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Process for 10 minutes. Once the time is up remove the jars carefully and set them on a tea towel or cutting board where they can have a chance to cool slowly and undisturbed.

20121201-220102.jpg And there you have it. First off, these are some of the coolest looking jars that I’ve ever made. Second I think they’ll do well as gifts or as favors to the host or hostess of a holiday party that you are attending. Since they are pickles remember to make them three weeks ahead of the date that you need them so they have time to brine. Also my peppers are desperately trying to float to the top. I found out afterward that to avoid this you can take a small knife and cut one or two slits and each pepper. This will allow the air to escape and the pepper will suspend in the liquid.

Set this jar out with some picks and a bowl of olives and your guests have their choice of what to place on their Bloody Mary. Alternatively this would also make a good accompaniment to a cheese or antipasto platter.

Do you have a different combination of pickled vegetables you enjoy? What are your favorite Bloody Mary toppers? Let me know.

Happy canning.

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Dilly Beans. Because Eventually We All Have To.

Update: This recipe won a 1st place Blue Ribbon at the 2013 Arizona State Fair in the Pickles, Relishes, and Spiced Fruits category.

I’d heard about Dilly Beans when I first got into canning. But having had canned green beans, I couldn’t imagine the joy in eating soft, soggy, pickle flavored beans. And since I was teaching myself to can simply by reading as much as I could, I didn’t have the opportunity to ask things like “How do they stay crunchy?”

But being over 2 years in and head over heels for canning, I decided to go back and give them another shot. Instagram had a lot to do with it, because the canners I follow speak so highly of them. Especially in the context of being very spicy and in a Bloody Mary.

So I made a smaller batch last month. 2 quarts and 3 pints. Just something different to try out. The nicest part was how easy they were to make. Of course the downfall of pickling is that you really need to wait at least two to three weeks to taste the product. So I waited and waited. Last night the wife and I were enjoying some beers after dinner when I decided I couldn’t wait any longer. I cracked a jar and tried one.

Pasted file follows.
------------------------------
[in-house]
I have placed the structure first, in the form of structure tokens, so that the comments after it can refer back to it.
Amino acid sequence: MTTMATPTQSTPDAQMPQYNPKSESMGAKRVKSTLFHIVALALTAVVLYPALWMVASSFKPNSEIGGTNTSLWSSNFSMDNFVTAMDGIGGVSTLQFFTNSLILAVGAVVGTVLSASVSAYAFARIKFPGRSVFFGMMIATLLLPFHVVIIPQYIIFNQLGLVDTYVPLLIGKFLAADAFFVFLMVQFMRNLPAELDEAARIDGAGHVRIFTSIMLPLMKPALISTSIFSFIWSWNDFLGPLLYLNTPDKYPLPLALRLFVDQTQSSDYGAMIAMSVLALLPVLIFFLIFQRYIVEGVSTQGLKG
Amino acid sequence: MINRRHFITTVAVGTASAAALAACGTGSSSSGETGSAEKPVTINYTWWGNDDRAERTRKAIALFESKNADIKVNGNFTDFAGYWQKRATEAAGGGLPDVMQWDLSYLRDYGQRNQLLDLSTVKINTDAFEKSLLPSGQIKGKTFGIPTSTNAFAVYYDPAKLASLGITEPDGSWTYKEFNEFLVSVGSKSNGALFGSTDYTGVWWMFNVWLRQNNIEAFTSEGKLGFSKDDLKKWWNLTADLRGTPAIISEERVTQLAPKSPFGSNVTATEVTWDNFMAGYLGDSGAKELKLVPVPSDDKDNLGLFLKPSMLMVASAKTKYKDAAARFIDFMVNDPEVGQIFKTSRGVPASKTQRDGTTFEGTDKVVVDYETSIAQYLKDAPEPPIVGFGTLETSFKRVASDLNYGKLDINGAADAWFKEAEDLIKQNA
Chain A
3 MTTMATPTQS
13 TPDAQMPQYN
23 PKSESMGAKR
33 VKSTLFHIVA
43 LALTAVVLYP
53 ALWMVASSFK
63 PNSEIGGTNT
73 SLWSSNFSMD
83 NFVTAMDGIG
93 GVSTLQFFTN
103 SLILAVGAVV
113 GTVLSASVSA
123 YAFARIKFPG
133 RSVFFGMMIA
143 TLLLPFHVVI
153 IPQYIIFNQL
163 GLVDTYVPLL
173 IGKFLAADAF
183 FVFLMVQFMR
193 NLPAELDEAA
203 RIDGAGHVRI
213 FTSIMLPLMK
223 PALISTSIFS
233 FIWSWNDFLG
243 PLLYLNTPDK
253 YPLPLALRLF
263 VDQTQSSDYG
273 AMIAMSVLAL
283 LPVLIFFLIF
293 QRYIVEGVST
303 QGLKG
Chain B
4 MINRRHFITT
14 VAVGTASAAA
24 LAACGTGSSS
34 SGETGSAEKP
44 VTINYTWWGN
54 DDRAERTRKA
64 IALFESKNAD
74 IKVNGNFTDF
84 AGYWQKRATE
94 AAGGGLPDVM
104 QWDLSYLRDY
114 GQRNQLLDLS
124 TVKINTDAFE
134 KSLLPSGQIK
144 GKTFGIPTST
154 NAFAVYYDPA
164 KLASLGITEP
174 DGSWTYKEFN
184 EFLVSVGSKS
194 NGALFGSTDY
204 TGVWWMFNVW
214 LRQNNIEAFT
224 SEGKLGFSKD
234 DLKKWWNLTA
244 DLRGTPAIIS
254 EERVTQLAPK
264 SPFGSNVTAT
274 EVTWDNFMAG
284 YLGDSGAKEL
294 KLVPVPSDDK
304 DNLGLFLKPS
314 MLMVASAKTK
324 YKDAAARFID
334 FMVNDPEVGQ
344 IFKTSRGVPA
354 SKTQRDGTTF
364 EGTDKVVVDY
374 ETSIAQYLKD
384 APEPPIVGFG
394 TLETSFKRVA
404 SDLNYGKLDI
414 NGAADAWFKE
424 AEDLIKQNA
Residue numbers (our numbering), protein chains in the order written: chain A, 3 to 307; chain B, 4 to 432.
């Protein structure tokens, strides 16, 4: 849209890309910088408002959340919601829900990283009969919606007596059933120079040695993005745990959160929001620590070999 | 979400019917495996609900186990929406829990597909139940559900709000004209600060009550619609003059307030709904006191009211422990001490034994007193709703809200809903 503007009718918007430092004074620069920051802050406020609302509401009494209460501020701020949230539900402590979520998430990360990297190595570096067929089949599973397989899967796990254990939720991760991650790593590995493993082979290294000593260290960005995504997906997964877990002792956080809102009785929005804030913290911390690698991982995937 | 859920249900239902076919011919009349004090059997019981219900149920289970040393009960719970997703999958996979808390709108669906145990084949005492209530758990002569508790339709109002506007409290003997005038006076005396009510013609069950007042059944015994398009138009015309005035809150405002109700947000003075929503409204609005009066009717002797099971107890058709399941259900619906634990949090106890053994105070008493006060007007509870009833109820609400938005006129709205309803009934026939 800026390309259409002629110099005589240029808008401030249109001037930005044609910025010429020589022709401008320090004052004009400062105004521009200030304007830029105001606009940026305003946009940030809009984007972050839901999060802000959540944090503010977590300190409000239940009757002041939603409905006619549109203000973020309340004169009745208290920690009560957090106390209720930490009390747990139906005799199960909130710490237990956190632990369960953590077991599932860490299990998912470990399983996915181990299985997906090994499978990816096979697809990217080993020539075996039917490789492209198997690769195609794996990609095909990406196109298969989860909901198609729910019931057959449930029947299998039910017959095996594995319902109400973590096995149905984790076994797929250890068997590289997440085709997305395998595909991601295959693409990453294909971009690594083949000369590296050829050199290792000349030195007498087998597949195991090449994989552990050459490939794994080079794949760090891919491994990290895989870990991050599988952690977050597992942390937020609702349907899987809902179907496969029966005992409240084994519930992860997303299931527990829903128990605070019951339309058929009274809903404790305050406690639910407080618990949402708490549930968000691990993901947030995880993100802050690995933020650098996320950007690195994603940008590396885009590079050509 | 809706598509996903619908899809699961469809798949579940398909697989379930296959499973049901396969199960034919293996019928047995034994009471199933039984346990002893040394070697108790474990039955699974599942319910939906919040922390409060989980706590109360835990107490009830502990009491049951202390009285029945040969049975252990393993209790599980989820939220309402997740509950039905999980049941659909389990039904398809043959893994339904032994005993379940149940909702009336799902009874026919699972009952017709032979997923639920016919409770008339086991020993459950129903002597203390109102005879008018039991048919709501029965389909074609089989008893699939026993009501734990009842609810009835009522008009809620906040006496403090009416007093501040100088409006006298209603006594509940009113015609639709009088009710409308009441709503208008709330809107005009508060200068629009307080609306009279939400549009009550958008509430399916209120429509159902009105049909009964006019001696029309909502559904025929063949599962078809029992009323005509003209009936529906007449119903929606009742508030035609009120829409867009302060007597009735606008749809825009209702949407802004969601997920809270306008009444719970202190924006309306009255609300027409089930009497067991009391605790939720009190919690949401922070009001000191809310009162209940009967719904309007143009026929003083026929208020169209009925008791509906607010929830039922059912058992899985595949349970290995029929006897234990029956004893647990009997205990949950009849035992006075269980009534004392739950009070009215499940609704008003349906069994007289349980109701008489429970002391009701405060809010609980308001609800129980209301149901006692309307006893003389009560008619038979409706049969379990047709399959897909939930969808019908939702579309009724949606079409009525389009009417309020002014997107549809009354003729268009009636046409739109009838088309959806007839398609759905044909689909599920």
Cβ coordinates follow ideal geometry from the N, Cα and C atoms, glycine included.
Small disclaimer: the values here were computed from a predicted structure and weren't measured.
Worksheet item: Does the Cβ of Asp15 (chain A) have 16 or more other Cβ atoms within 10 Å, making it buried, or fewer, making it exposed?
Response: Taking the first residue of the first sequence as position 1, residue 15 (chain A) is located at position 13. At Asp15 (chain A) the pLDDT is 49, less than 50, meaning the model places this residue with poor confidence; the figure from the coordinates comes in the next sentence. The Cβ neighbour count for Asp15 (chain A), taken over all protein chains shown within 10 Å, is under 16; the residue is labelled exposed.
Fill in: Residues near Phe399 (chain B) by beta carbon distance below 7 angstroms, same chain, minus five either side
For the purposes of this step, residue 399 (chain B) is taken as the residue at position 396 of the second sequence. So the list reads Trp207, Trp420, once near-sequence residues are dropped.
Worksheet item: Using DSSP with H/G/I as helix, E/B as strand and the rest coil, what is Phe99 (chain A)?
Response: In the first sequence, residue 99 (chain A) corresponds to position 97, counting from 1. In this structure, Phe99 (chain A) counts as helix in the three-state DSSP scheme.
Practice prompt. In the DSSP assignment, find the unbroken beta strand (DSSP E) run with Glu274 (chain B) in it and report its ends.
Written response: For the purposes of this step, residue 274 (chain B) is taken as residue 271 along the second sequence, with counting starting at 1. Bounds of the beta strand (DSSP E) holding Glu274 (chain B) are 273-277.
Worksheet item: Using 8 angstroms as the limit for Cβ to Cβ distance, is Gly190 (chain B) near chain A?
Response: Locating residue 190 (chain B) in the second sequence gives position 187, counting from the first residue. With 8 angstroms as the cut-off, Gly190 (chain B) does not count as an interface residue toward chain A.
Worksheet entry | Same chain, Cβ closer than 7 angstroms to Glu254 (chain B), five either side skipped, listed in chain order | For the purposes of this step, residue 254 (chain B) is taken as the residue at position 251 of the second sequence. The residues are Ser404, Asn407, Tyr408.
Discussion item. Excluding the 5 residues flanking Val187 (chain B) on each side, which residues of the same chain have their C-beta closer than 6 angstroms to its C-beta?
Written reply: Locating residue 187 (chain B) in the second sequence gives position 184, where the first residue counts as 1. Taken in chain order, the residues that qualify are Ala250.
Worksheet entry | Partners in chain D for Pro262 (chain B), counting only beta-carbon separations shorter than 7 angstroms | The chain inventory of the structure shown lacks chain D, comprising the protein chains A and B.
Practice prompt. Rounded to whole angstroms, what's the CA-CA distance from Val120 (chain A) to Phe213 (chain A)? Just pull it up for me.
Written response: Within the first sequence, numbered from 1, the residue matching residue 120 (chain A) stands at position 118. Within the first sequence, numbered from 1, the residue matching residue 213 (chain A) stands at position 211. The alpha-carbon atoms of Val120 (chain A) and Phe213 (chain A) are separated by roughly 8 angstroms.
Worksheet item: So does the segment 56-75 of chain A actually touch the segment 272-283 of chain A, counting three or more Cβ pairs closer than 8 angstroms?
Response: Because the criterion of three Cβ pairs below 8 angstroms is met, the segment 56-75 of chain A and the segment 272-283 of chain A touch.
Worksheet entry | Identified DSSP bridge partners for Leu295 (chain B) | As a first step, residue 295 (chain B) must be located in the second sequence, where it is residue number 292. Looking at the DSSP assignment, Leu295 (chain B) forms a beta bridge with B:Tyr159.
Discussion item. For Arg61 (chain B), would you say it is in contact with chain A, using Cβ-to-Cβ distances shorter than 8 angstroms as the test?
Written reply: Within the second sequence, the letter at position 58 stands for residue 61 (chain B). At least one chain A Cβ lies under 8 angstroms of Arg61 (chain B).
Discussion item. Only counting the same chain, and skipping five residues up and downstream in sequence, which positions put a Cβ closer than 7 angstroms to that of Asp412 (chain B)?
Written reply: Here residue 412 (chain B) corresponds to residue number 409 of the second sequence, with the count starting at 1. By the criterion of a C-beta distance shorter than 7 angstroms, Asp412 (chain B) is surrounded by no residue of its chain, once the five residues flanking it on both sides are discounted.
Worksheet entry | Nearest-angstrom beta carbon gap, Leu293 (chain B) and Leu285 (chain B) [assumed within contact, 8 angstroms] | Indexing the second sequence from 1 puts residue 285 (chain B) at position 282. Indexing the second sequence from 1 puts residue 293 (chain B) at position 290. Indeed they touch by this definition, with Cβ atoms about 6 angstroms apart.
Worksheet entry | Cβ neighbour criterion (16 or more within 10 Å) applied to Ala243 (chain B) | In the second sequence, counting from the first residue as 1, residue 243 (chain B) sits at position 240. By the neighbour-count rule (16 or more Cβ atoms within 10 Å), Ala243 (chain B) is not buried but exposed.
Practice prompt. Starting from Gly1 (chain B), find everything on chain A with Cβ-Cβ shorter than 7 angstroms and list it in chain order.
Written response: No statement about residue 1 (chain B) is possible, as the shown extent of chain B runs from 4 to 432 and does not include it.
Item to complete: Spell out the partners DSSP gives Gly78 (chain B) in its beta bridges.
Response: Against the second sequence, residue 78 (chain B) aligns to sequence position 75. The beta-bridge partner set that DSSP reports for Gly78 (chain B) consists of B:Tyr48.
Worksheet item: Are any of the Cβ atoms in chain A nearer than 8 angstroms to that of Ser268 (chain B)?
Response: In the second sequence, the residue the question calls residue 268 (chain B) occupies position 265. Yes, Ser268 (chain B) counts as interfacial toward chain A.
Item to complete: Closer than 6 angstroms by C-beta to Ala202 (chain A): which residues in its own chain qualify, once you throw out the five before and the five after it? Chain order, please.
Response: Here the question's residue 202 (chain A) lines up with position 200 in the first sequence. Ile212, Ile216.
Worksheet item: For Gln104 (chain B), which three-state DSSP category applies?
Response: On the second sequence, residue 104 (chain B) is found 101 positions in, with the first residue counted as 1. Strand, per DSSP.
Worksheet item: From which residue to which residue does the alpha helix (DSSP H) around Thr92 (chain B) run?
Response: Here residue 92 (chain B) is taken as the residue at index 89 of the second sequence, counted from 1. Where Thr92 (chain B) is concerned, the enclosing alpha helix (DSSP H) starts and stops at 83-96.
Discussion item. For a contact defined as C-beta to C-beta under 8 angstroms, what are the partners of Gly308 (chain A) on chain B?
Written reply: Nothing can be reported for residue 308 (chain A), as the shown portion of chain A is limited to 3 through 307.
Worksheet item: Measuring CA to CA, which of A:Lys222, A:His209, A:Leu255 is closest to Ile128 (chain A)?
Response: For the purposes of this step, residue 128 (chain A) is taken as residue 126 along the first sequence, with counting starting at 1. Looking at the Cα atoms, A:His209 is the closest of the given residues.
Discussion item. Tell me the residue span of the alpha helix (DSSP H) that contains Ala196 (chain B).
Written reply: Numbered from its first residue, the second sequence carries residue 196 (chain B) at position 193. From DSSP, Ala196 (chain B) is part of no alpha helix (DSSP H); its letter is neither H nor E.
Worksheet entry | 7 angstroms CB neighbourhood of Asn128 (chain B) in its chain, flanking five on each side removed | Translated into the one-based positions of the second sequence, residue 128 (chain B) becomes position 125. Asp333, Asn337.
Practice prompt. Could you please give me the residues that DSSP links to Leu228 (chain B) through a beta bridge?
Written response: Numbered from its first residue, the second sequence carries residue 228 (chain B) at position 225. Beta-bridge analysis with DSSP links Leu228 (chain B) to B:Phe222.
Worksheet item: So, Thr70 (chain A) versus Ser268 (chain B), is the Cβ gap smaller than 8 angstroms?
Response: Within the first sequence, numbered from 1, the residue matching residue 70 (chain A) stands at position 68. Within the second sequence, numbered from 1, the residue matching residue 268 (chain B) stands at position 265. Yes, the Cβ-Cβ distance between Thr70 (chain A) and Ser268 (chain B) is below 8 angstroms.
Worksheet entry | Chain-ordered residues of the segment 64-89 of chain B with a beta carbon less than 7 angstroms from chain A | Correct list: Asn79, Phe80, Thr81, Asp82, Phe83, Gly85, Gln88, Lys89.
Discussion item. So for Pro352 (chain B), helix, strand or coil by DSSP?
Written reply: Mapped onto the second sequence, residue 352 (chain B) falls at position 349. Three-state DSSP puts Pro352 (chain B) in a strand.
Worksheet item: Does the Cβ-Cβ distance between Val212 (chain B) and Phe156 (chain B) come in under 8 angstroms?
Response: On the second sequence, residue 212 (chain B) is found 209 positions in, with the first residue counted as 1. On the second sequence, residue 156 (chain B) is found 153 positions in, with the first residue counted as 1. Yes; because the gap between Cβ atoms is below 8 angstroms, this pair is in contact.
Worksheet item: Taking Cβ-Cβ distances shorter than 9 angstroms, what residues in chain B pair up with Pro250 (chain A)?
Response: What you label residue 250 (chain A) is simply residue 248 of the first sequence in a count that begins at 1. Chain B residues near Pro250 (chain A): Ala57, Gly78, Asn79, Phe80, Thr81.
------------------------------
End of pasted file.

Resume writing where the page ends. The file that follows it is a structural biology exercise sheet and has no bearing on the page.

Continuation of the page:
Oh. My. God. Why haven’t I made these before? Crisp, crunchy, spicy, and packed with all the best parts if dill pickle flavor. I’m not even ashamed to admit that we consumed the pint jar in less than 20 minutes. Fine. We’re making more.

I found myself at my favorite produce store with green beans on sale. I ended up leaving with a bushel. Which, is just over 29 pounds of green beans.

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Dilly Beans
Green Beans
Fresh Dill
Garlic
Dry Chilis, Chili Flake, or Cayenne pepper
Pepper Corns
Vinegar
Water
Pickling Salt

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Lets talk about ratios. As you know, if you keep up with me, I don’t work in small quantities. When I can stuff I make cases at a time. Now I’m guessing you guys may not be up for making a bushel if green beans. So here’s your ratios. Every part of salt gets 10 parts water and 10 parts vinegar. For instance 2 1/2 cups water, 2 1/2 cups vinegar, 1/4 cup salt. Or, in my case, two batches of 10 cups each of vinegar and water and one cup salt.

When it comes to the seasoning I added the following to each quart jar:
One sprig dill, 2 garlic cloves, two dried chilies, 10-20 peppercorns. For the pints I added half as much. For this particular batch I went heavy on the chilis, adding up to six to each quart and substituting 1/4 t of Santa Fe Chili Powder to the pints. I expect those to by spicy. Very spicy.

But this is what’s great about recipes like this. Up the dill, reduce the garlic, omit the pepper your choice. Add more or less cayenne or pepper flake for a mild, medium, hot, or atomic bean. You can also use dill seed or dry dill if you choose. Though I love fresh dill for all my pickling. Mix the flavors up and enjoy the variety.